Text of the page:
For more than 40 years, Sandhills Community Action Program (SCAP) has been helping people in Anson, Richmond, Moore and Montgomery counties help themselves out of poverty and live self-sufficient lives.
SCAP is a nonprofit organization operating through a Community Service Block Grant (CSBG). It is funded by the N.C. Department of Health & Human Services, and administrated by the N.C. Office of Economic Development.
Karen Ray-Thomas is the program coordinator, while Peggy Baucom is the case manager for Anson County.
“SCAP is geared toward promoting ideas and opportunities to help individuals that are living below poverty standards,” Thomas explained. “Even though our economy is recovering a little bit, unemployment is still above 8 percent, and people are still struggling.”
Baucom works with clients in Anson County who are in poverty or unemployed and helps them to become self-sufficient. “We help these individuals create goals,” Thomas said. “I think we’re all starting to recognize that you’ve got to have some sort of skill to survive. There is not a lot of industry here, like there once was.”
For example, Thomas said, there are currently a group of young women in the program who are pursuing nursing assistant degrees. “We have been able to help them get their state certifications,” Thomas said. “Once they get their certifications, they can come back here and the case manager will work with them to help revamp their resume. We also do role-playing to help them prepare for job interviews.”
Baucom said she enrolled 25 participants in the program last year. “We help them to exceed,” Thomas said. “They come in to the program below poverty, and we help them to exceed poverty guidelines.”
In addition to helping people of all ages learn job skills, SCAP is focusing on entrepreneurship this fiscal year. “Why not take those skill sets you’ve learned and work on being your own boss?” Thomas said. “You can enroll in our program and learn to write your own business plan. We have one young man in Anson whose goal is to own his own chef business. And he’s well on his way to doing that.”
Baucom’s phone “rings constantly” with people who are eager to be part of the program. “When it’s their goals, they will do everything possible to achieve those goals,” Thomas pointed out.
Once men and women graduate from the self-sufficiency program and are working good jobs, Thomas said, there are other programs they can participate in. “If you graduate self-sufficiency, you can go to the Section 8 program and learn how to get into safe housing,” she explained. “We have worked with you on budgeting so you’re ready. We don’t want individuals to get too comfortable with Section 8.”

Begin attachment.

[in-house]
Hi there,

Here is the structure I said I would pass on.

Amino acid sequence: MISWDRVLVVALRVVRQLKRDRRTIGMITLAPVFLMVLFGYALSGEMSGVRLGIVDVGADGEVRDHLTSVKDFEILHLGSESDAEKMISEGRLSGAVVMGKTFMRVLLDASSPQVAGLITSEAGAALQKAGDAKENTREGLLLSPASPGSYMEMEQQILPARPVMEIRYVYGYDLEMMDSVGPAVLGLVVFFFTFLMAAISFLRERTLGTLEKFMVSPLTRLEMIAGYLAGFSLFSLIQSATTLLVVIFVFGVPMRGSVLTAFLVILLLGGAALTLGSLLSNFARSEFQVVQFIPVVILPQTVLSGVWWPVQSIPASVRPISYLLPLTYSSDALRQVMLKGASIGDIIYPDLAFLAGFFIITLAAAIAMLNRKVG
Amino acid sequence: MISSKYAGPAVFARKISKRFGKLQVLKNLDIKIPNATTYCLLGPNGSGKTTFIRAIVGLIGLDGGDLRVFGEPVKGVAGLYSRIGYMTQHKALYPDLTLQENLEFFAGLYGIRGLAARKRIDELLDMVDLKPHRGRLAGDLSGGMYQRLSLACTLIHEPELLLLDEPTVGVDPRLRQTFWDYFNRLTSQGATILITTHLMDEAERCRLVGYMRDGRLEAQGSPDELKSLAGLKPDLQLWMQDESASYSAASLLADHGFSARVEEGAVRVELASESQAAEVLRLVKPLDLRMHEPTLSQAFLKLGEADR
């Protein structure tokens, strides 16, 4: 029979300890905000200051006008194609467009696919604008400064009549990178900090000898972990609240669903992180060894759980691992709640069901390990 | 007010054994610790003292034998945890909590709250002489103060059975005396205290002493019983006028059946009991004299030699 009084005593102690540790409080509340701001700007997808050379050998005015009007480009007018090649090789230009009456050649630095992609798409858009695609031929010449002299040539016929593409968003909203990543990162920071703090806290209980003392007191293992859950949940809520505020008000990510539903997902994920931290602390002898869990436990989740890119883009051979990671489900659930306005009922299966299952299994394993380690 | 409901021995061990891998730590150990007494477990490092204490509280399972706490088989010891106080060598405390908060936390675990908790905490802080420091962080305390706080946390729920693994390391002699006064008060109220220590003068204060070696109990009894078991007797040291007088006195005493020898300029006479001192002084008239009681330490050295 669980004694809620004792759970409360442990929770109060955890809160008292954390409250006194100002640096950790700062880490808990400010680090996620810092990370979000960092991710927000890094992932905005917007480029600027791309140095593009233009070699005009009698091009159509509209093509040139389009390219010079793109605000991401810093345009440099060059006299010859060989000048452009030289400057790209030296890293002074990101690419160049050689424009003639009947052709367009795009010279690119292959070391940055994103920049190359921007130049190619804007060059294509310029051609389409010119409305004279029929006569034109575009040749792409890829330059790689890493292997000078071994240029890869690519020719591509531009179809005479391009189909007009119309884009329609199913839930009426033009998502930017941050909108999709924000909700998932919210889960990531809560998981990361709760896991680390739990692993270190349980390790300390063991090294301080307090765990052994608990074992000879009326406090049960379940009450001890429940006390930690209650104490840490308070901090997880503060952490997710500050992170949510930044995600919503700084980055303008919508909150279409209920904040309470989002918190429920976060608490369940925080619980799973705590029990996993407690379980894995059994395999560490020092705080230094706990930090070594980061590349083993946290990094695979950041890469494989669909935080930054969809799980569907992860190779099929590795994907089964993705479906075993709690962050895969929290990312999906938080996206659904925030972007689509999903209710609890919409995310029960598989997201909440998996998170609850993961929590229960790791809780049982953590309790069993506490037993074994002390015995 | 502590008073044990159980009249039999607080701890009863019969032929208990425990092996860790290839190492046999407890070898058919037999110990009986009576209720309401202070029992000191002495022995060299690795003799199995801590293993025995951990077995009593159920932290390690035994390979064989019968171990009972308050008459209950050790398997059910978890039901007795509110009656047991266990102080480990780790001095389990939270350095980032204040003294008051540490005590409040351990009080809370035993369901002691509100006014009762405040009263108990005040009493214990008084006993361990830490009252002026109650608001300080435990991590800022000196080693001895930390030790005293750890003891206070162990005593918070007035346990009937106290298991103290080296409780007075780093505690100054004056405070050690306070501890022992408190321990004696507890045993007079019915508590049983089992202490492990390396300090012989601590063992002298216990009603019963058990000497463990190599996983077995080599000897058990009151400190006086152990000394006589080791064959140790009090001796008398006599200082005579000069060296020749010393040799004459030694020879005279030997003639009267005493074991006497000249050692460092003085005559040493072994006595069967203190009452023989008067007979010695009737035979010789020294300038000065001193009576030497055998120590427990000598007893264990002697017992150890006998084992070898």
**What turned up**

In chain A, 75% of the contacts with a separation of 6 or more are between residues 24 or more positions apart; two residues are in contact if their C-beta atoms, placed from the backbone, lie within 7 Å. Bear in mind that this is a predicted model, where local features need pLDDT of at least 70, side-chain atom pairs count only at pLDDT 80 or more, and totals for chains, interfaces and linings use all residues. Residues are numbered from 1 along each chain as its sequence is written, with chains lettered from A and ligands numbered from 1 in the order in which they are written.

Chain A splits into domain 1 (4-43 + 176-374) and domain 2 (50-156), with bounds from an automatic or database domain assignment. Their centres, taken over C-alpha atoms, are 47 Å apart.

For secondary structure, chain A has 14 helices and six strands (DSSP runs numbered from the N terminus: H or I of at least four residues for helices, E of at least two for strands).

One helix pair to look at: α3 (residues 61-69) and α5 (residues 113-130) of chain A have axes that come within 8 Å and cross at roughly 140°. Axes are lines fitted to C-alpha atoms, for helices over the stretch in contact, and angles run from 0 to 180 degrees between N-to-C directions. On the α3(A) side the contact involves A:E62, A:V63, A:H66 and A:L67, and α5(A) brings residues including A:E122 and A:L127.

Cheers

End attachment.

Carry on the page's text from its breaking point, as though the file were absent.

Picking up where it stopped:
The next program is five years long, and teaches participants how to move beyond Section 8 and own their own homes. “In a five-year period, our goal is to get you off food stamps, off Medicaid because hopefully you’re in a job with healthcare benefits, and have money earned in escrow that you can then use to purchase a house,” Thomas said.
“Our motto is that the sky is the limit,” she added. “Why not be a part of a program where the sky is the limit?”
SCAP also offers transitional housing for women and children that are homeless. “We provide housing for up to two years,” Thomas said. “We have a case manager that provides support 24 hours a day. When you’re homeless, we work with you more individually. We provide parental support, parental classes. … We work with the parent so that she’s not only financially stable, but also emotionally and physically stable.”
Once participants graduate from the transitional housing program, they’re sent on to the self-sufficiency program, and then on to the other levels.
SCAP is run by an administrative staff and 15-member board. The board is tripartite, made up of representatives from the private sector, low-income sector and public sector. Anson’s representatives on the SCAP board are Alex Gaddy, Leon Gatewood and Thomasina Spencer.
Those interested in any of SCAP’s programs can visit the office at 126 W. Wade St., Wadesboro, Tuesdays, Thursdays and Fridays, 8:30 a.m. to 5 p.m., or call 704-994-2306.